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Just a Few Species Make Up Most of Earth’s Food Supply. And That’s a Problem

The looming threat of extinction from climate change makes the lack of diversity in the world’s food supplies a dangerous prospect

Humans overwhelmingly rely on only a few crops like wheat, making our food supplies vulnerable to climate change (Larisa Koshkina / PDP)
smithsonian.com

Grocery stores may seem like a cornucopia, offering every imaginable fruit, veggie, cereal and meat. But a new report suggests that our food comes from just a few crops and types of livestock. And that could spell trouble if climate change drives any of these species to extinction.

"While wild elephants and rhinos thoroughly deserve our support, we should also be raising the alarm for our disappearing agrobiodiversity," Ann Tutwiler, director general of Biodiversity International, the organization who published the report, writes for the Guardian. "After all, if there is one thing we cannot allow to become extinct, it is the species that provide the food that sustains the 7 billion people on our planet."

The organization aggregated data from dozens of previous studies and reports on agricultural diversity from around the world. The results suggest that three-quarters of Earth's food supply draws on just 12 crops and five livestock species.

"Overreliance on too few varieties and species is leaving the food system unnecessarily exposed to shocks and stresses, as well as neglecting a high-impact solution to major health, environmental and food security challenges," the organization says in a statement. For example, the reliance of Irish farmers on a single species of potato for nearly all of their food in the 19th century allowed the Irish potato famine to devastate the country, reports Damian Carrington for the Guardian.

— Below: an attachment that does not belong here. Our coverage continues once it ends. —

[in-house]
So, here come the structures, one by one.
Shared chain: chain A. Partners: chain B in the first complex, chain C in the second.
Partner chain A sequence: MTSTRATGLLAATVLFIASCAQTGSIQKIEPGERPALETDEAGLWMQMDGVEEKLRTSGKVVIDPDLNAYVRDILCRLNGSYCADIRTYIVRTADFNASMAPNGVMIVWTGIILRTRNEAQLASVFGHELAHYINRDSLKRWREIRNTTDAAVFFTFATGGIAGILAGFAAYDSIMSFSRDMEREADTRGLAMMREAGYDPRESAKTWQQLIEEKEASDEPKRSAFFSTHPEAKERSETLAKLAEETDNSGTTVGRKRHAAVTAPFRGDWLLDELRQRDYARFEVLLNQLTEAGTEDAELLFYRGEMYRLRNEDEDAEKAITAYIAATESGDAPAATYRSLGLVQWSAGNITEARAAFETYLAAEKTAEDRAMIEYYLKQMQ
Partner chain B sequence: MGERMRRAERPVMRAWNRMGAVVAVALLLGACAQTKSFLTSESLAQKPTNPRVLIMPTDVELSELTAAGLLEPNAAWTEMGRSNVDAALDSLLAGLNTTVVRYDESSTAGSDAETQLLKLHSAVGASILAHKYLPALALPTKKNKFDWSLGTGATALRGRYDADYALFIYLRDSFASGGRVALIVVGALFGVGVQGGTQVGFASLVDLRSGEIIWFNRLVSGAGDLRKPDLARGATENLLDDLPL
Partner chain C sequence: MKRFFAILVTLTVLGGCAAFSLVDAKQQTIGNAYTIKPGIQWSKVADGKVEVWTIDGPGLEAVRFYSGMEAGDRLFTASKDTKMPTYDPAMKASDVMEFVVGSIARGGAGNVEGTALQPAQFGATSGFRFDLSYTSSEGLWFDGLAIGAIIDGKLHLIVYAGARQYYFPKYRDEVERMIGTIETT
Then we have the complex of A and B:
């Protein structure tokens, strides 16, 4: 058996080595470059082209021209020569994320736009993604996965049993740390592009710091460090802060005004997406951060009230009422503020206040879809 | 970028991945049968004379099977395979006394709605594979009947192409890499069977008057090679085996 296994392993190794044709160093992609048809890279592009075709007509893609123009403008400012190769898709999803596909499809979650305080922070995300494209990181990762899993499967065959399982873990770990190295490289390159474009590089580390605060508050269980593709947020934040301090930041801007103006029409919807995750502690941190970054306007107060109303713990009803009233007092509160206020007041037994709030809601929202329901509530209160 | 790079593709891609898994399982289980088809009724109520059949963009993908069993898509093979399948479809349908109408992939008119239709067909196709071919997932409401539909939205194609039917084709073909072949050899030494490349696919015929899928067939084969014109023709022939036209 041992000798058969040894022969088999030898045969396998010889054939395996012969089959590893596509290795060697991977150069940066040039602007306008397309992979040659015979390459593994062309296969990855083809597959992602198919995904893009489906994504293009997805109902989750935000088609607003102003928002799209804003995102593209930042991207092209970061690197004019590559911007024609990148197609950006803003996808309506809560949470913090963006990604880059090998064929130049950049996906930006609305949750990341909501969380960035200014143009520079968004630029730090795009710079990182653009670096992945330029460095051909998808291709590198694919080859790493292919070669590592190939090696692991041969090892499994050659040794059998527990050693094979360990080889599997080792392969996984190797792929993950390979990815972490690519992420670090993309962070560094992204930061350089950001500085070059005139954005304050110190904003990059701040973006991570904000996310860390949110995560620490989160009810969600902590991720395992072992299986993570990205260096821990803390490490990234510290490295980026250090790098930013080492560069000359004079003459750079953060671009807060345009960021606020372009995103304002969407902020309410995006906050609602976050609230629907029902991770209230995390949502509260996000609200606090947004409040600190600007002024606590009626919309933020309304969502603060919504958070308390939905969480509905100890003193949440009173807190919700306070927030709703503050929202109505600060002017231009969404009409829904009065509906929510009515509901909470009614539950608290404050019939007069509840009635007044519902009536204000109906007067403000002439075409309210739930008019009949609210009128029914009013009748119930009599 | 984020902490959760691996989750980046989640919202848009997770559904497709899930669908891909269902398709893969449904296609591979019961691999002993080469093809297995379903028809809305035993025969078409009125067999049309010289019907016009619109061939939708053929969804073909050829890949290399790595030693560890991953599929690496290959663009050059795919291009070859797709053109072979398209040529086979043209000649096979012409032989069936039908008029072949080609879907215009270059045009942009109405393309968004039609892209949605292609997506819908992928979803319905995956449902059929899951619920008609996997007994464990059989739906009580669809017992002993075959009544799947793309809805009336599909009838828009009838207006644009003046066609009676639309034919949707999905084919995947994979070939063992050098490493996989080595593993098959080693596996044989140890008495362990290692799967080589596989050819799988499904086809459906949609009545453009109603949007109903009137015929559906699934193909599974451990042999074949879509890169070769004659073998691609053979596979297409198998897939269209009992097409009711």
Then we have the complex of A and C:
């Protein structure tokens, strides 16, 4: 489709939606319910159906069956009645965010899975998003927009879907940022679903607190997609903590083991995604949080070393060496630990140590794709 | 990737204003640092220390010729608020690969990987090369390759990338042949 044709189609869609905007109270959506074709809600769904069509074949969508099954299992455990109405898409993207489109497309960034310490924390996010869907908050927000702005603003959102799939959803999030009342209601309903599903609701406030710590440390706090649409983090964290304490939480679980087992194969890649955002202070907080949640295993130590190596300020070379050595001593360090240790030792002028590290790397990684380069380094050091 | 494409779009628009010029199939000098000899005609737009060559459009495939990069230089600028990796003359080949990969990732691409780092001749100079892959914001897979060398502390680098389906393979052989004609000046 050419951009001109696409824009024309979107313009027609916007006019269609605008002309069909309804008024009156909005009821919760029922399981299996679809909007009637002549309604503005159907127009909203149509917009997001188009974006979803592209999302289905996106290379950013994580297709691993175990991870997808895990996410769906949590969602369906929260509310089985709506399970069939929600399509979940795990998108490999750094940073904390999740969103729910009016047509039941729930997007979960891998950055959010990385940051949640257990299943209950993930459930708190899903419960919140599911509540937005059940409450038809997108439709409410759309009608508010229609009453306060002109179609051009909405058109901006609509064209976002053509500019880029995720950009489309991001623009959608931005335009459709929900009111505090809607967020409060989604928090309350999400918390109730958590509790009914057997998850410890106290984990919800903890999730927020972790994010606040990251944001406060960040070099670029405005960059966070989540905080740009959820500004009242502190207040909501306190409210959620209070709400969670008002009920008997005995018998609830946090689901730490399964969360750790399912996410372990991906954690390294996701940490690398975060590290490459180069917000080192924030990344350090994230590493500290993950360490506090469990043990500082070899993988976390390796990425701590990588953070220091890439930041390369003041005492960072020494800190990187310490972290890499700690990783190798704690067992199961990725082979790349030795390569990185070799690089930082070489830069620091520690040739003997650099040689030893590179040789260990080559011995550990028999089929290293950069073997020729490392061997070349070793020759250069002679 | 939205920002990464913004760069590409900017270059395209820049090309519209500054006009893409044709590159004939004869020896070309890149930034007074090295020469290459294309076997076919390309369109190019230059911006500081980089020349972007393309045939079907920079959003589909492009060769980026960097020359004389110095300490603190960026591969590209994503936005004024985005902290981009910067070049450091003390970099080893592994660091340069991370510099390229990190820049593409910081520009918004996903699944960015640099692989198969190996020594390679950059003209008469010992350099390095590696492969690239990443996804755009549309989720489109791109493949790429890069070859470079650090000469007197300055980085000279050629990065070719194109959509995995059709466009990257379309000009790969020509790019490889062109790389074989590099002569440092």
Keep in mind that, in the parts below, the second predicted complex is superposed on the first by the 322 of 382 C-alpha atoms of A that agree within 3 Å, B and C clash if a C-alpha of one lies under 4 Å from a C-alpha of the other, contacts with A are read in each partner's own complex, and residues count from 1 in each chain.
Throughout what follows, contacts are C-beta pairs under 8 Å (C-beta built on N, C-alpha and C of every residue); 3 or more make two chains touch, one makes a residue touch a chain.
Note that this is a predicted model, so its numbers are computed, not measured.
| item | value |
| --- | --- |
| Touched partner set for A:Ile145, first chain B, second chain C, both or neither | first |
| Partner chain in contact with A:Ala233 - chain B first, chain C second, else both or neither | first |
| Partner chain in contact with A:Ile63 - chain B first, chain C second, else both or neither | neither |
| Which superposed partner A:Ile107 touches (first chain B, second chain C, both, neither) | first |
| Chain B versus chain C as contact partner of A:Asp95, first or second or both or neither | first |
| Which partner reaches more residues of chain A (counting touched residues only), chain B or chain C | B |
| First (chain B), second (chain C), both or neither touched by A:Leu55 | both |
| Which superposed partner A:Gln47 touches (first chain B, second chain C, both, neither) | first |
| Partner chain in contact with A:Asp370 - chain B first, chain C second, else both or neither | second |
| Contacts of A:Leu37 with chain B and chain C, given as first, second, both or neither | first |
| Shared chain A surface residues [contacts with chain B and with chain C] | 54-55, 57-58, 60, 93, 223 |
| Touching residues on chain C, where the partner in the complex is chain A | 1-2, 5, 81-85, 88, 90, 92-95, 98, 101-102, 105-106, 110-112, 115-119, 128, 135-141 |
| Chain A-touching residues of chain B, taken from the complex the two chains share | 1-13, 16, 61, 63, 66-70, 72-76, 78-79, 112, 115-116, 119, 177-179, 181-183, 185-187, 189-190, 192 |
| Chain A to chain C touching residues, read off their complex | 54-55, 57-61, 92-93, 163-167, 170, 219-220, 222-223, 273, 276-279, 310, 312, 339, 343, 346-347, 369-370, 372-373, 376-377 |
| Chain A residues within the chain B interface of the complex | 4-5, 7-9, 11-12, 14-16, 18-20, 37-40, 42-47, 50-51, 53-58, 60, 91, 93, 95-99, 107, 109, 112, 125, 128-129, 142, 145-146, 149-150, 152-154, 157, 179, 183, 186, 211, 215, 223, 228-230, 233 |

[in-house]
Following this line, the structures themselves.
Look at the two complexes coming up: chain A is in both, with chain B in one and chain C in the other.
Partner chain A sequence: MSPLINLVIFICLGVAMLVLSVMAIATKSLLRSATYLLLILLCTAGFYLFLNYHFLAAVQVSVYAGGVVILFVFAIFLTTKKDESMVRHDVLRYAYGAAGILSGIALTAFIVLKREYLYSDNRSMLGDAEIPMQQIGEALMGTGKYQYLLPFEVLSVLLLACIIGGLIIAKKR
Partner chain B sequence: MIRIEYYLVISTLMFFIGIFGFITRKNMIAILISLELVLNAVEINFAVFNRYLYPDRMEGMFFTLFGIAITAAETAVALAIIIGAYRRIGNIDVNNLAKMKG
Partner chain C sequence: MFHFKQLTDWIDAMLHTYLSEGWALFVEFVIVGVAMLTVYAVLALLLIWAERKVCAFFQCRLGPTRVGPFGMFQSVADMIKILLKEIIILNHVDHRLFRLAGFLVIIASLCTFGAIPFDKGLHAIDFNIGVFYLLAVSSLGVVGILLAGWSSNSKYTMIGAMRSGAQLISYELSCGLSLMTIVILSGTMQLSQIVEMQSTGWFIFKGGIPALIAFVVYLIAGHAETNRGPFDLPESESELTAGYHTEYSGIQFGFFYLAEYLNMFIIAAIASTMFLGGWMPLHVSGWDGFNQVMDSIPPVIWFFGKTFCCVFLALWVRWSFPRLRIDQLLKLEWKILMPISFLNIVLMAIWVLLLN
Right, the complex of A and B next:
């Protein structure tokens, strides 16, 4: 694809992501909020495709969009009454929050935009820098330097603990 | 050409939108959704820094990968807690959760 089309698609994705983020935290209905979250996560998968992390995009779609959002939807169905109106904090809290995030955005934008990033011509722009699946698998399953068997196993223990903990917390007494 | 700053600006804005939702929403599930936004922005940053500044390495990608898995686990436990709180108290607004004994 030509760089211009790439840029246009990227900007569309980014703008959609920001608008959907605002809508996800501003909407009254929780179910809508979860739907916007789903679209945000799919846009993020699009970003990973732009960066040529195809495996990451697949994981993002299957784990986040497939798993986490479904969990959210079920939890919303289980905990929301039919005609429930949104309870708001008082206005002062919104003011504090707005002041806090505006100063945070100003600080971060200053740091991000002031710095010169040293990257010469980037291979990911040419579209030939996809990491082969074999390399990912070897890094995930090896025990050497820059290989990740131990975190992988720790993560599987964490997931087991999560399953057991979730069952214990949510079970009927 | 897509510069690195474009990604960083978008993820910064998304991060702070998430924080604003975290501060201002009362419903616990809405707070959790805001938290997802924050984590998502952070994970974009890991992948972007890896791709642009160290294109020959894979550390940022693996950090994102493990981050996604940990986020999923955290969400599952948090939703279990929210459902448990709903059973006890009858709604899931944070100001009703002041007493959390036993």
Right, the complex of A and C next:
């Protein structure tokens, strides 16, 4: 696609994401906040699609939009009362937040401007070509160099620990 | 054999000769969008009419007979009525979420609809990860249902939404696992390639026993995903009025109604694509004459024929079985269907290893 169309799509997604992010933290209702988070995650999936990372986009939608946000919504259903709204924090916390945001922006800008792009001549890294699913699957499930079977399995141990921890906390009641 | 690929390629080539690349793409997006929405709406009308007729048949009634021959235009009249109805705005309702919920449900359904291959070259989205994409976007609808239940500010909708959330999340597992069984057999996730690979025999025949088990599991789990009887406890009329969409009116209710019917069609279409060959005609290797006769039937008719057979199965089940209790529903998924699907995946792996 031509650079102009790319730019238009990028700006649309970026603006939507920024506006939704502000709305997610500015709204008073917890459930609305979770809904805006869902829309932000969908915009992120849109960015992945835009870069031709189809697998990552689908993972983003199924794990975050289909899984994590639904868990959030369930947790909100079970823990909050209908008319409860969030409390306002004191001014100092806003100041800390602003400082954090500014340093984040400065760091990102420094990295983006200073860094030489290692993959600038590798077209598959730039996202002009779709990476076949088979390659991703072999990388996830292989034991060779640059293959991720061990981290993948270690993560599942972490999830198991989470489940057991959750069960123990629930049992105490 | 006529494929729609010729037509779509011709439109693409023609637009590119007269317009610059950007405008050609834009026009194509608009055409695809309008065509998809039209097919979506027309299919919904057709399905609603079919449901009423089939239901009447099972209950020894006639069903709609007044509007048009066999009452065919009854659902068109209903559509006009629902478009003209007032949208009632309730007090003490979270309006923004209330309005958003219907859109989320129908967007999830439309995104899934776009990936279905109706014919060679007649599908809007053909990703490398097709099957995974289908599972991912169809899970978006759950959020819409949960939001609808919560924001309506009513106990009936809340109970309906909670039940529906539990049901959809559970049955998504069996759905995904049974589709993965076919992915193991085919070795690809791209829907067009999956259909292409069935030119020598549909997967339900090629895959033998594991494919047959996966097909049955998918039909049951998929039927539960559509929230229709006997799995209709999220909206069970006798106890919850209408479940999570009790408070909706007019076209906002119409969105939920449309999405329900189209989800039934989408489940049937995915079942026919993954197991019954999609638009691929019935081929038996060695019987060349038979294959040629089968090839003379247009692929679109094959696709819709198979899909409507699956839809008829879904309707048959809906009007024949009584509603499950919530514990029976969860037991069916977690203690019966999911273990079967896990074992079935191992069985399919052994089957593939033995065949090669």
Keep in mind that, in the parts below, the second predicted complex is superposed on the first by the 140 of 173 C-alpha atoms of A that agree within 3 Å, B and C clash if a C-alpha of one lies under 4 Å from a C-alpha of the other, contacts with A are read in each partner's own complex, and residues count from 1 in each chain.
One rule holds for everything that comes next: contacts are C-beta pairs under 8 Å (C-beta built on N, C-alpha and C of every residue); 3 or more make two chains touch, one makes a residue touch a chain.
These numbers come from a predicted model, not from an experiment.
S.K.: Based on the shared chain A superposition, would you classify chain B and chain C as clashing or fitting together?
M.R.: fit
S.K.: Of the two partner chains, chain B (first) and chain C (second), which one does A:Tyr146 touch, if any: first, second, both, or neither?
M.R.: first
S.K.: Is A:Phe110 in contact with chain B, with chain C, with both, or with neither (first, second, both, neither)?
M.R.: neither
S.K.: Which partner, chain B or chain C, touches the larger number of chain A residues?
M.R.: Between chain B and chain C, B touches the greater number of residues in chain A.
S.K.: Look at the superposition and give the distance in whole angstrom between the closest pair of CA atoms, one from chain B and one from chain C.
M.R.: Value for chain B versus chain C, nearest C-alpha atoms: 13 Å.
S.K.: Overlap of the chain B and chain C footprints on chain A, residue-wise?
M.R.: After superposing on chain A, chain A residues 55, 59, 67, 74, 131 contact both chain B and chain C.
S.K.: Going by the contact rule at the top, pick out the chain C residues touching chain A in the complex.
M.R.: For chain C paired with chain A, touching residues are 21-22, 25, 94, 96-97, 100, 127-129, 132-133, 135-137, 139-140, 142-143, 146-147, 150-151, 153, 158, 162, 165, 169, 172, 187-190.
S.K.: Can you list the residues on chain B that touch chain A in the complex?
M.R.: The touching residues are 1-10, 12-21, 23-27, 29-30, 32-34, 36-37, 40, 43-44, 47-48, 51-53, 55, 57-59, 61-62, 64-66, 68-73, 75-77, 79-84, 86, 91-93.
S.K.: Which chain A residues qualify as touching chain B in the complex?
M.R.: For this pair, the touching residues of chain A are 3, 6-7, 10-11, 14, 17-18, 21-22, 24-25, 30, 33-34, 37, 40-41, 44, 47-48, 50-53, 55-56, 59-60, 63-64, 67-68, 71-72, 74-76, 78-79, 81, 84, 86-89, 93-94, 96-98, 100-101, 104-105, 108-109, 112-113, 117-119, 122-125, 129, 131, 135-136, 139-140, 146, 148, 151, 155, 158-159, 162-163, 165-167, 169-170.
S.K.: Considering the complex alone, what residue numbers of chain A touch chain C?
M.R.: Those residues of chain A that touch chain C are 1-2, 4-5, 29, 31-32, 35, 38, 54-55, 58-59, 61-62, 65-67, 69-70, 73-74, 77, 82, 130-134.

The effects can already be seen in some places, Tutwiler writes, such as in Tanzania, where yields of coffee have been cut in half since 1960 by droughts and temperature changes. Cacao and tea crops that power the economies of many developing nations are on the verge being decimated by a warming Earth.

"These crops are the tip of the iceberg," Tutwiler writes, noting that 940 species cultivated by humans are under threat. 

Diversification of our food could also have other benefits. By growing a greater number of crops, farms could incorporate practices such as crop rotation that helps maintain higher levels of soil nutrients and reduce the need for added fertilizers, reports Stuart Braun for Deutsche Welle. Also, incorporating more native crops could produce larger yields, thus helping to alleviate food insecurity, writes Carrington. 

One of the biggest offenders of monoculture is the growth of cereals and soy to feed the ever-growing livestock industry. This large-scale production of meat takes a heavy toll on the environment, according to Braun, driving emissions release and climate change. By reducing reliance on meat, societies could both reduce emissions and support diversification of food sources.

The new report seeks to raise awareness of the importance of such diversification. "Agrobiodiversity is a precious resource that we are losing, and yet it can also help solve or mitigate many challenges the world is facing," Tutwiler writes. "It has a critical yet overlooked role in helping us improve global nutrition, reduce our impact on the environment and adapt to climate change."

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